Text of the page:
DeltaRex-G represents a potential cross-species “dnG1 Silver Bullet” for advanced metastatic cancers: Enforced expression of dnG1, a Cyclin G1 Inhibitor, blocks hyper-competent survival pathways, restores lost tumor suppression (via enforced apoptosis), and disrupts core oncogene addictions characteristic of cancer stem cells (Figure 3A). Designed to function physiologically (indeed, pro-actively) amid the turbulence, flow, shear forces, filtration, immune inactivation, and manifold dilution factors encountered within the systemic circulation, the (anaplasia, pan-Col) SIGtargeted DeltaRex-G expression vector seeks-out and accumulates selectively in cancerous lesions—including inoperable primary tumors, remote metastatic lesions, and even lymphatic drainage— demonstrating objective, quantitative, dose-dependent anti-cancer activities, including tumor necrosis, overt anti-angiogenesis, tumor eradications, and lymphatic clearance; leading to clinical remissions with survival benefits, as summarized in the following “Bullet Points” describing the targeted anti-cancer bioactivity of DeltaRex-G with histopathological precision:
1. Delta-Rex-G targets proliferative tumor cells, cancer stem cells, and tumor-associated fibroblasts;
2. Delta-Rex-G targets angiogenesis: tumor-associated stroma, endothelial cells, and immune cells;
3. DeltaRex-g exhibits excellent clinical safety, dose-dependent responses, single-agent-efficacy (monotherapy);
4. DeltaRex-G exhibits broad-spectrum bioactivity in advanced, chemo-resistant metastatic cancers;
5. Notably, DeltaRex-G penetrates and ‘clears’ the lymphatic system of metastasis, over time; and
6. Delta-Rex-G restores immunity while eliminating chemotherapy-resistant cancer stem-like cells.
Piloted by a unique (tumor-seeking) navigational guidance system, the DeltaRex-G expression vector physically delivers: it enters, downloads itself (reverse transcribes its RNA-to-DNA) and enforces the expression of the cytocidal “dnG1 Silver Bullet” in the proliferative tumor cells of primary and metastatic lesions: in transformed cancer cells, proliferative tumor neo-vasculature, myofibroblast-like stromal cells, and tumor immune cells arresting tumor growth (in size and metabolic activity), arresting tumor neoangiogenesis, and restoring / enhancing both innate and adaptive immune responses [36-40], including the phagocytic clearance of tumor debris [37,84], as documented by a detailed histological and cytological analysis of immune cell trafficking in the tumor microenvironment of DeltaRex-G (Cyclin G1 inhibitor)-treated tumors [48,85-88].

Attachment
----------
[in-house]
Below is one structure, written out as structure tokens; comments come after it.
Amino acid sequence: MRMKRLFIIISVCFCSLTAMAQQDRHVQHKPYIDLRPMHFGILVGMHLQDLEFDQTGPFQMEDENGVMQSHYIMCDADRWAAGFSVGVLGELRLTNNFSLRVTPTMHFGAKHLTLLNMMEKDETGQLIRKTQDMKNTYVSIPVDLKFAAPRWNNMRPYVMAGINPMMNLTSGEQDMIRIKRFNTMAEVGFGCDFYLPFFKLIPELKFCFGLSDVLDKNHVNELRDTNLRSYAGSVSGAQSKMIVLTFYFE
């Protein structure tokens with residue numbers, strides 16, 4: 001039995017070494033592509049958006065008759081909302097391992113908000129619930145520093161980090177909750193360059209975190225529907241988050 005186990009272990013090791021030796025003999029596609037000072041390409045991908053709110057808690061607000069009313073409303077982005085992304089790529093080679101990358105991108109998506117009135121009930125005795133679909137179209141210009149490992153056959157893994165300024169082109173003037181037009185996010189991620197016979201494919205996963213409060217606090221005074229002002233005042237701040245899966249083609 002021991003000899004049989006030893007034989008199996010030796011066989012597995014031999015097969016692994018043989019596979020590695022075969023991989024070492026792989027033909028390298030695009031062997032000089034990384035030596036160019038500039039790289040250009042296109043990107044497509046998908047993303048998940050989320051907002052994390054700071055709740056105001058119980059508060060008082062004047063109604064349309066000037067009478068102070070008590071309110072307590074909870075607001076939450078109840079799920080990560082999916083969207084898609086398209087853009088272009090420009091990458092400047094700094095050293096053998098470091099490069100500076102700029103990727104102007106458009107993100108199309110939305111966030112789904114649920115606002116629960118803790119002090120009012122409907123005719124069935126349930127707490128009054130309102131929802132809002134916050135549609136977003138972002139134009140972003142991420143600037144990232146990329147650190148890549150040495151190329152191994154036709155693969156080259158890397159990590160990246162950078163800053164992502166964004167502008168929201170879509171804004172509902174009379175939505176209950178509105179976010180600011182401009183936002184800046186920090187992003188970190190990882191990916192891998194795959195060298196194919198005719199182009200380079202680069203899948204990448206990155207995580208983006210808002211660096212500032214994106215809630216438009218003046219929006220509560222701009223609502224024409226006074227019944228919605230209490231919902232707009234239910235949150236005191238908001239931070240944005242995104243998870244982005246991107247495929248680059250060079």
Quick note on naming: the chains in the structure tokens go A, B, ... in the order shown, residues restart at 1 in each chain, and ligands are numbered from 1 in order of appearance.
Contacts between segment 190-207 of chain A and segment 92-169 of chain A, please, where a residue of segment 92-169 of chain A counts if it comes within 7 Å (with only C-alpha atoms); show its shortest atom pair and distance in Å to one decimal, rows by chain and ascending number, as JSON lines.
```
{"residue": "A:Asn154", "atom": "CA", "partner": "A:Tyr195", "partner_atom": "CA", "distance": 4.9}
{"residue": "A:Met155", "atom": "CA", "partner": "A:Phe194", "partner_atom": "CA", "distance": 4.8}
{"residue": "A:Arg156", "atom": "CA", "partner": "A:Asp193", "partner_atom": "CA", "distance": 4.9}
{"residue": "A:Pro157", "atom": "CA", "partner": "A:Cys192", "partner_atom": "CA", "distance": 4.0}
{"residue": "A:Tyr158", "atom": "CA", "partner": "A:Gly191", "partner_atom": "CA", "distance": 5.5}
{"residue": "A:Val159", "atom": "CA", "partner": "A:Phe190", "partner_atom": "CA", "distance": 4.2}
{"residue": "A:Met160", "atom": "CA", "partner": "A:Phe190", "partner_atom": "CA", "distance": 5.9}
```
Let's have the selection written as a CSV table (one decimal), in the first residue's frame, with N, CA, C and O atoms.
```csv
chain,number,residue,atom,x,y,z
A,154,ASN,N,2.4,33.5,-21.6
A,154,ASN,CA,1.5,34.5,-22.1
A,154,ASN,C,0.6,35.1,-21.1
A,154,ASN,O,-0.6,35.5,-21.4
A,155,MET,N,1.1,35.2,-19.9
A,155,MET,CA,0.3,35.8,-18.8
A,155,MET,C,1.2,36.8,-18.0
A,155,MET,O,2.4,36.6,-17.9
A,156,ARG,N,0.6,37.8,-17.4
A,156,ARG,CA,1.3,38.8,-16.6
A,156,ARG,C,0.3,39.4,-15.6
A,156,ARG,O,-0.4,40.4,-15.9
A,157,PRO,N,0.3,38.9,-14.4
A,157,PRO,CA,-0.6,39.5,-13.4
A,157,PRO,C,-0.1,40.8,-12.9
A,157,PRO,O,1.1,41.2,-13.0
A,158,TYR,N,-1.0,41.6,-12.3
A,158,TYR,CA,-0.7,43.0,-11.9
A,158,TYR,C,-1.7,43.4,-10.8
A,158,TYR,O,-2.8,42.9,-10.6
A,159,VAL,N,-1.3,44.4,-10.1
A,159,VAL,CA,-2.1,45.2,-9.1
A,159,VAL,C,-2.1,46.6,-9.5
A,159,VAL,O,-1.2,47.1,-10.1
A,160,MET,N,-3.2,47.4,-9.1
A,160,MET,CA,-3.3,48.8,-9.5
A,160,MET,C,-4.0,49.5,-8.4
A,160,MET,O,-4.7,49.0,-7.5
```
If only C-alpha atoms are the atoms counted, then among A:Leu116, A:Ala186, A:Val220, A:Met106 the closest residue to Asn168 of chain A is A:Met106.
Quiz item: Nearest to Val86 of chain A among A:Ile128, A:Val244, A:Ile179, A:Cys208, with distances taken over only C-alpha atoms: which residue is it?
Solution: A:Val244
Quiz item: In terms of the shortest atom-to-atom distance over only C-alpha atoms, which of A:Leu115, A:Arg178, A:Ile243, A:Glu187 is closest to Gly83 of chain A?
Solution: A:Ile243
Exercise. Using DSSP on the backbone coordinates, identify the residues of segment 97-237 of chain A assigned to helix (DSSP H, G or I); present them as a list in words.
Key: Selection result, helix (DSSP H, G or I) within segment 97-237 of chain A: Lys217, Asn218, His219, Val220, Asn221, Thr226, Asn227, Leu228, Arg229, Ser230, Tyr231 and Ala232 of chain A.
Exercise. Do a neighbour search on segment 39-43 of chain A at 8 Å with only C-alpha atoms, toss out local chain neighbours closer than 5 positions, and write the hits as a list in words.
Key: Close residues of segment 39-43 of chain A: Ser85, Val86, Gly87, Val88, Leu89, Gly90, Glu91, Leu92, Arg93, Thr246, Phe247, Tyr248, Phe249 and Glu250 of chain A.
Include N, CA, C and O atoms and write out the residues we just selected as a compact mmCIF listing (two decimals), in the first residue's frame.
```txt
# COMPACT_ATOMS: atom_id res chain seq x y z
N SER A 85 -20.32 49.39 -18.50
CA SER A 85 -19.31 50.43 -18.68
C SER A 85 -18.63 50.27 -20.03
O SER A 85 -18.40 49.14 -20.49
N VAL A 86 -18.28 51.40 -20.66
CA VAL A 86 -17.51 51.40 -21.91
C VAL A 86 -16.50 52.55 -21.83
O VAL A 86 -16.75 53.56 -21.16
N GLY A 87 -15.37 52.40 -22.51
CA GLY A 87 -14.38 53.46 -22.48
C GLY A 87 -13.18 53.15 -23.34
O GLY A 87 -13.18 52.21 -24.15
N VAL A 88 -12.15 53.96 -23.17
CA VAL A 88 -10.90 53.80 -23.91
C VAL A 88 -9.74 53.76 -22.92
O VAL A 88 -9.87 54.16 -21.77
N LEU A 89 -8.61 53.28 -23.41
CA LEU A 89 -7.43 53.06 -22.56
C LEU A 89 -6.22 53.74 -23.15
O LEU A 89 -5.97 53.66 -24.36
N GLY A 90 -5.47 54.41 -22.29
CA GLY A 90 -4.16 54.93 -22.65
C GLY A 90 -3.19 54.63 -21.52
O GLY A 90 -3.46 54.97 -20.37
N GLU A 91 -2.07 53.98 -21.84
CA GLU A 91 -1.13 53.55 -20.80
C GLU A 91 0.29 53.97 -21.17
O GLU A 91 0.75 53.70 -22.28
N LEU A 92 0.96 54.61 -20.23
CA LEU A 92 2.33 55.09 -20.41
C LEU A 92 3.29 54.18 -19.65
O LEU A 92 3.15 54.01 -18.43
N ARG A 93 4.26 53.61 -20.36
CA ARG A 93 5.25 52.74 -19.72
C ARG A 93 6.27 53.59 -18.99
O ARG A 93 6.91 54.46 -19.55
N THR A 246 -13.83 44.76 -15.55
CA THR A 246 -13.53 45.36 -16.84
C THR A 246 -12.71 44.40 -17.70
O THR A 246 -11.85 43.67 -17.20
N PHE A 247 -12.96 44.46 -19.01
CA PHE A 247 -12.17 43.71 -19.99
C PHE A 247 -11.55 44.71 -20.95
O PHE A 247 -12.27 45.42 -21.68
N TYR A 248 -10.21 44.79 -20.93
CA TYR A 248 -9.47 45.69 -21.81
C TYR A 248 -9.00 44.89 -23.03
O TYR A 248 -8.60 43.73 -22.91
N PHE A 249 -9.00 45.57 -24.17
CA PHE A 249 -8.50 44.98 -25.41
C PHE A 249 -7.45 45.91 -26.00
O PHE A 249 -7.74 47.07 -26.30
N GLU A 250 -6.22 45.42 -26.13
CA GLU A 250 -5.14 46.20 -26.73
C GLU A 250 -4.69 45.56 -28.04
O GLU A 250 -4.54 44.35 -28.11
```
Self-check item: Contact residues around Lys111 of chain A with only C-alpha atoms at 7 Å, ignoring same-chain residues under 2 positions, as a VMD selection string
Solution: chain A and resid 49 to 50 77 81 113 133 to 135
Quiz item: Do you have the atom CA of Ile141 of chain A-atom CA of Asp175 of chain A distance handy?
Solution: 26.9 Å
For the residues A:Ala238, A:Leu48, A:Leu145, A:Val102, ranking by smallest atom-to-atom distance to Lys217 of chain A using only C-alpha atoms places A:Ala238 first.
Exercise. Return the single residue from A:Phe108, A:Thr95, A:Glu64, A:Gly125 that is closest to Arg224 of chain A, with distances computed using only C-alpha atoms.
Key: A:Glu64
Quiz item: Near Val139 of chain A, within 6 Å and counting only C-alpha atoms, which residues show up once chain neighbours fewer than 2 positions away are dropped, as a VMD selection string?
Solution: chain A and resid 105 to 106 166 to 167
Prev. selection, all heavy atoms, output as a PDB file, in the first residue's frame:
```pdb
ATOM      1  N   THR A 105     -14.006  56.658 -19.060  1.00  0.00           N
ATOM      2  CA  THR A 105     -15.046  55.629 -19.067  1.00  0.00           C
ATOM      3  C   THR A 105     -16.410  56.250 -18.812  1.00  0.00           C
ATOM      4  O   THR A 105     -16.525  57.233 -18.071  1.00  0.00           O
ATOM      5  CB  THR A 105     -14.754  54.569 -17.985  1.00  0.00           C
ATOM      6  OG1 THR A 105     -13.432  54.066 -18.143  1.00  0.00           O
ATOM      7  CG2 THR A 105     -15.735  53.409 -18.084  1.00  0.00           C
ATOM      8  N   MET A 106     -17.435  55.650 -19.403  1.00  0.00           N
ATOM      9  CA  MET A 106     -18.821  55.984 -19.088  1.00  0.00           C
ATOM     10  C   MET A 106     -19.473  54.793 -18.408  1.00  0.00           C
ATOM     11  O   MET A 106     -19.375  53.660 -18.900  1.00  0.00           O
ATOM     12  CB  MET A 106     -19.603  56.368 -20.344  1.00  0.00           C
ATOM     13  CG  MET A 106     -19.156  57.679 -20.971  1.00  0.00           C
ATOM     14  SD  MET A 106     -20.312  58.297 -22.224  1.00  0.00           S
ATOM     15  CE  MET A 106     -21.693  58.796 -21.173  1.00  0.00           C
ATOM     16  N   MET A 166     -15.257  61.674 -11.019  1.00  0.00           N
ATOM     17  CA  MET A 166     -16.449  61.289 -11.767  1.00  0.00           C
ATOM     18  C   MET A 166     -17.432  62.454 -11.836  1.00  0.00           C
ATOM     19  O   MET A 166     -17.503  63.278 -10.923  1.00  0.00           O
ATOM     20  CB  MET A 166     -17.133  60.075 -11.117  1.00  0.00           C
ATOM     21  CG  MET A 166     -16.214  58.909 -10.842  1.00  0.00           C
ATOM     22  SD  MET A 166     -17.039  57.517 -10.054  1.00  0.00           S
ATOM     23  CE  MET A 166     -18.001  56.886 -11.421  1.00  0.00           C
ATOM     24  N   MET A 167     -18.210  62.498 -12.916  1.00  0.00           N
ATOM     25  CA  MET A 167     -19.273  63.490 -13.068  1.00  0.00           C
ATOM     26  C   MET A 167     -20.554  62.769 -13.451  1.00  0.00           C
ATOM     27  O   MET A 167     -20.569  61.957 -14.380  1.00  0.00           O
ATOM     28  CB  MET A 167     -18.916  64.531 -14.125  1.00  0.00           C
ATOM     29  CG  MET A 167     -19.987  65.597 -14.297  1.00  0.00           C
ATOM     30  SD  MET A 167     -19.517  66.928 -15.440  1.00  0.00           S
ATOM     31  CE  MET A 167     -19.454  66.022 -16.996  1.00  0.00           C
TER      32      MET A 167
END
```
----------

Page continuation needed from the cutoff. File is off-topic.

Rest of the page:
“The realization that the gene delivery function (i.e., cytocidal activity) of pathotropic nanoparticles remains active as it penetrates metastatic disease within sentinel lymph nodes and does not disrupt but appears to work in concert with the immune system, reaffirms the potentiality of future cancer vaccinations in situ, using this targeted gene delivery system bearing a cytokine gene.” .
The ability of DeltaRex-G to work in concert with the cancer patient’s own immune system in managing tumor eradication encouraged the development of a New Generation of Gene Delivery Vectors, which “target metastatic cancers from the inside” , enabling the conception and clinical development of The Genevieve Protocol: an innovative Dual Targeted Approach to Cancer Gene Therapy / Immunotherapy. The protocol introduced a second treatment (post-dnG1) as adjuvant immunotherapy, deploying DeltaVax (formerly Reximmune-C), a pathotropic tumortargeted cytokine vector, which pro-actively delivers the immunostimulatory GM-CSF gene (expressed, pulsed) to ‘residual tumor cells’ to enhance localized tumor immune responses and improve treatment outcomes thereby demonstrating prolonged survival times and advancing the medical concept of Personalized Cancer Vaccinations (in situ auto-vaccinations) as a realistic and nowachievable clinical goal [41-43].
Moreover, Hall and Gordon subsequently adapted pathotropic (disease-seeking) targeting technologies to therapeutic proteins to enable the targeted delivery of monoclonal antibodies (mAbs) with a series of synthetic targeting peptides (named Onco-aptamers) [44,45], designed to bind physically (upon mixing) and pro-actively deliver existing off-the-shelf FDA-approved humanized monoclonal IgGs to tumors: including anti-tumor cell mAbs, anti-angiogenesisacting mAbs, and / or the popularized immune checkpoint inhibitors, which continue to elicit serious immune-related adverse events , when left un-tethered. Pathtropic Targeting was developed by Hall and Gordon et al. at the turn of the century, a time in the history of molecular-genetic medicine when the collective opinion of the pharmaceutical industry was decidedly negative, having harvested a clutch of U.S. taxpayer-funded research programs, intellectual properties, and fledgling biotechnology companies, with nary a clinical gene therapy treatment nor product in sight. According to an astute industry analysis at the time:
Researchers Get a Dose of Reality as Logistics Stymie Gene Therapy
by Robert Langreth and Stephen Moore, The Wall Street Journal, 1999
“From the Beginning, the therapy’s main difficulty has been a logistical one: how to deliver enough healthy genes to the appropriate site and get them to stay there long enough to cure or alleviate a disease” .